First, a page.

"The obligation of the insurer is based upon the existence of an application binding upon the insured. If no application *458 existed, containing the agreements and statements referred to in the policy, that consideration upon which the policy was issued was lacking and the plaintiff's action based upon the policy should fail."

    Counsel for plaintiff cites sec. 328.25, Stats., which provides:

    "When any written instrument constitutes the subject of the action or proceeding or when the signing of such instrument is put in issue and the instrument purports to have been signed, the instrument itself is proof that it was signed until denied by the oath or affidavit of the person by whom it purports to have been signed or by a pleading duly verified. This section does not extend to an instrument purporting to have been signed by a person who died before proof is required."

    This statute has no application to the facts in this case because no "proof is required" as to the genuineness of Giese's signature to the application in order for the defendant to prevail upon the defense raised by it in this action for the reasons hereinbefore stated.

    Plaintiff points to the fact that in most life insurance cases which have reached the courts the insured has been the purchaser and owner of the policy, and urges that there are stronger reasons for holding that a policy is invalidated by false statements in the application in those cases than in the instant case where a person other than the purchaser or owner of the policy is the insured. No authority is cited in support of such contention, and sec. 209.06, Stats., makes no distinction between the case where the insured is the purchaser and owner of the policy and where he is not. Each life insurance company undoubtedly has well-defined rules as to the health requirements of persons it is willing to insure at its standard rates. If it is induced by false statements in the medical portion of a policy application to insure someone whom it would be barred from insuring *459 under its rules, and such false statements have increased the risk, there would seem to be no logical reason why it should not be permitted to raise such facts as a defense regardless of whether the insured who made the false statements is the purchaser or owner of the policy, or whether such owner is his wife, partner, corporate employer, or other third person.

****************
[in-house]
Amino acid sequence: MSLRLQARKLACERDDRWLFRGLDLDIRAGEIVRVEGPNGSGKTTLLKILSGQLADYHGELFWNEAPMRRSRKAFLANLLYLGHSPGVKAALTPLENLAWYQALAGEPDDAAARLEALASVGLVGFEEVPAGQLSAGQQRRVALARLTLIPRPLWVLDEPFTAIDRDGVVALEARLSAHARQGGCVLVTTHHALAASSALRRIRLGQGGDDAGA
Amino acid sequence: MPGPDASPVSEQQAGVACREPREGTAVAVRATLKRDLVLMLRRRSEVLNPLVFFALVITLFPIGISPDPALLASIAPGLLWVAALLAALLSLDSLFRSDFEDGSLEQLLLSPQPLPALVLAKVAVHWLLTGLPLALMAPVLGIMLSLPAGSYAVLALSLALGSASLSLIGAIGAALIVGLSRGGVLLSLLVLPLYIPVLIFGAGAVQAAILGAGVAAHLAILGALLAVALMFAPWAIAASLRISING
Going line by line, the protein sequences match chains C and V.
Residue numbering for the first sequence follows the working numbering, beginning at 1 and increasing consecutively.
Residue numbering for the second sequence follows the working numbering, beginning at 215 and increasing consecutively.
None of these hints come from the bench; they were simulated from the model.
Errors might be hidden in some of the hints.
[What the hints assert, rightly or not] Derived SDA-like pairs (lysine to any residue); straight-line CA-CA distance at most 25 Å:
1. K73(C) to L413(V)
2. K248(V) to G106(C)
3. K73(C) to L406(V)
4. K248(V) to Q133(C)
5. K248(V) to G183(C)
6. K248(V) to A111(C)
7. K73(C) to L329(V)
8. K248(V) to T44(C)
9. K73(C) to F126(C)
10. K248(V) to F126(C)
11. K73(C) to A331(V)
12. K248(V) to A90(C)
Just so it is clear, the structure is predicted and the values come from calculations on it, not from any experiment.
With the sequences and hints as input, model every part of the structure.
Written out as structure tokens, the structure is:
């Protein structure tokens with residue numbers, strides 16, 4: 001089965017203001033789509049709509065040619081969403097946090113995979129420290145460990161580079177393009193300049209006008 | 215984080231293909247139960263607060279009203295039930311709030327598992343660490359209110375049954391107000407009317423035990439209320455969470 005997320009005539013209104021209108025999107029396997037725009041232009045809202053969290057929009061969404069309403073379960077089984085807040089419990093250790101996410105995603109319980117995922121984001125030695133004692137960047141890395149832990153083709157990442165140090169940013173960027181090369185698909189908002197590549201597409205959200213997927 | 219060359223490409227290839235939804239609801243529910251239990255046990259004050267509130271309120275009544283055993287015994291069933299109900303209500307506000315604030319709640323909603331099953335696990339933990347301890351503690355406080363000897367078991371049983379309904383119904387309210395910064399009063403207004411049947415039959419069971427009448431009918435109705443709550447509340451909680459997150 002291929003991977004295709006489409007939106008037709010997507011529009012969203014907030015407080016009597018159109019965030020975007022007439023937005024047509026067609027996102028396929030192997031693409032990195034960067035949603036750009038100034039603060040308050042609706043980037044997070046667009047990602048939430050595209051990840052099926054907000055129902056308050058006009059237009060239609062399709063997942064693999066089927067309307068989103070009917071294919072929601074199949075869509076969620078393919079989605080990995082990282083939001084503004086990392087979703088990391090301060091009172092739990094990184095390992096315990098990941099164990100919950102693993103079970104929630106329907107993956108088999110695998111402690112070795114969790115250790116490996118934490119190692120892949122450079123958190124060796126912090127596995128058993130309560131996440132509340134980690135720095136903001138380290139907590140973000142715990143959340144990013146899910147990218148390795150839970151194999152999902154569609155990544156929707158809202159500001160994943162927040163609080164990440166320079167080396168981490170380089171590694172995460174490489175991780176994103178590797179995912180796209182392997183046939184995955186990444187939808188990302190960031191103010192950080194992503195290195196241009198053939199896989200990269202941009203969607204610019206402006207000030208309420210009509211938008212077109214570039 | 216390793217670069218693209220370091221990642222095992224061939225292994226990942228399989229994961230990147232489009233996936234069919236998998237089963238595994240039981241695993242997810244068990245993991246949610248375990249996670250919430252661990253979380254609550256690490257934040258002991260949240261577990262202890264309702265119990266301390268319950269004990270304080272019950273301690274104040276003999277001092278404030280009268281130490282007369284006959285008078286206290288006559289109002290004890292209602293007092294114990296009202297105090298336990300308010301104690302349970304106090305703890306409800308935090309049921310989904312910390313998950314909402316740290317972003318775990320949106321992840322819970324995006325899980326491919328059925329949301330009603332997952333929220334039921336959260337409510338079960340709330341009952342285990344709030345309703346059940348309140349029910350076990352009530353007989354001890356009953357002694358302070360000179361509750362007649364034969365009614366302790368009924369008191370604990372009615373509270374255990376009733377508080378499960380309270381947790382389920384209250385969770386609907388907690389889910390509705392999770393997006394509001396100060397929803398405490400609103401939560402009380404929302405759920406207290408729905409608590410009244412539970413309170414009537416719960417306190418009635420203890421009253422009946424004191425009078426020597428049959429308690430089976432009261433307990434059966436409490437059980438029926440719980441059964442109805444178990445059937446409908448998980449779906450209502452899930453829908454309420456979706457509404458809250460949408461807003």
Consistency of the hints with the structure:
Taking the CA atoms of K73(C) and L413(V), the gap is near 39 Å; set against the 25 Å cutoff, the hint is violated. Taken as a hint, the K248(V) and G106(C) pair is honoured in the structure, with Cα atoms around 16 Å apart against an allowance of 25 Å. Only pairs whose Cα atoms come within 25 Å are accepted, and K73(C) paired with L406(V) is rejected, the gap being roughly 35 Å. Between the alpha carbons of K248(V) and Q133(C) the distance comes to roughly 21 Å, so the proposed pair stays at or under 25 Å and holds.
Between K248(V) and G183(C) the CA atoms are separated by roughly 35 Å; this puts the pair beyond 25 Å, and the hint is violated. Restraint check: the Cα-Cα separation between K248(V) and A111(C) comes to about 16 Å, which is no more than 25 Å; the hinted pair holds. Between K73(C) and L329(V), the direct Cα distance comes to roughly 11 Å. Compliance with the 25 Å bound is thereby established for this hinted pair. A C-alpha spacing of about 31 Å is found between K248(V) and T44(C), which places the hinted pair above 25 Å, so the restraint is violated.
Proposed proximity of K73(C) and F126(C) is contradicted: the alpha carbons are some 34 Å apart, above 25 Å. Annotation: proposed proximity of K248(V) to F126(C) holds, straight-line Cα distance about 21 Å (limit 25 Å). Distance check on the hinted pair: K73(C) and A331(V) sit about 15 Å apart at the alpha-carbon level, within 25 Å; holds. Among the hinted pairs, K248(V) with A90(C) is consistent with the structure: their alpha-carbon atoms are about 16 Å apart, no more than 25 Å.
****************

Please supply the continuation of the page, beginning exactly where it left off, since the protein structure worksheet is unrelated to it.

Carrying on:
Because in the instant case the false answers of Giese, the insured, to some of the questions in the medical-examination portion of the application for the policy increased the risk, and the plaintiff is precluded from questioning the genuineness of Giese's signature to the application, the trial court should have granted defendant's motion for a directed verdict.

    By the Court.—Judgment reversed and cause remanded with directions to dismiss the complaint.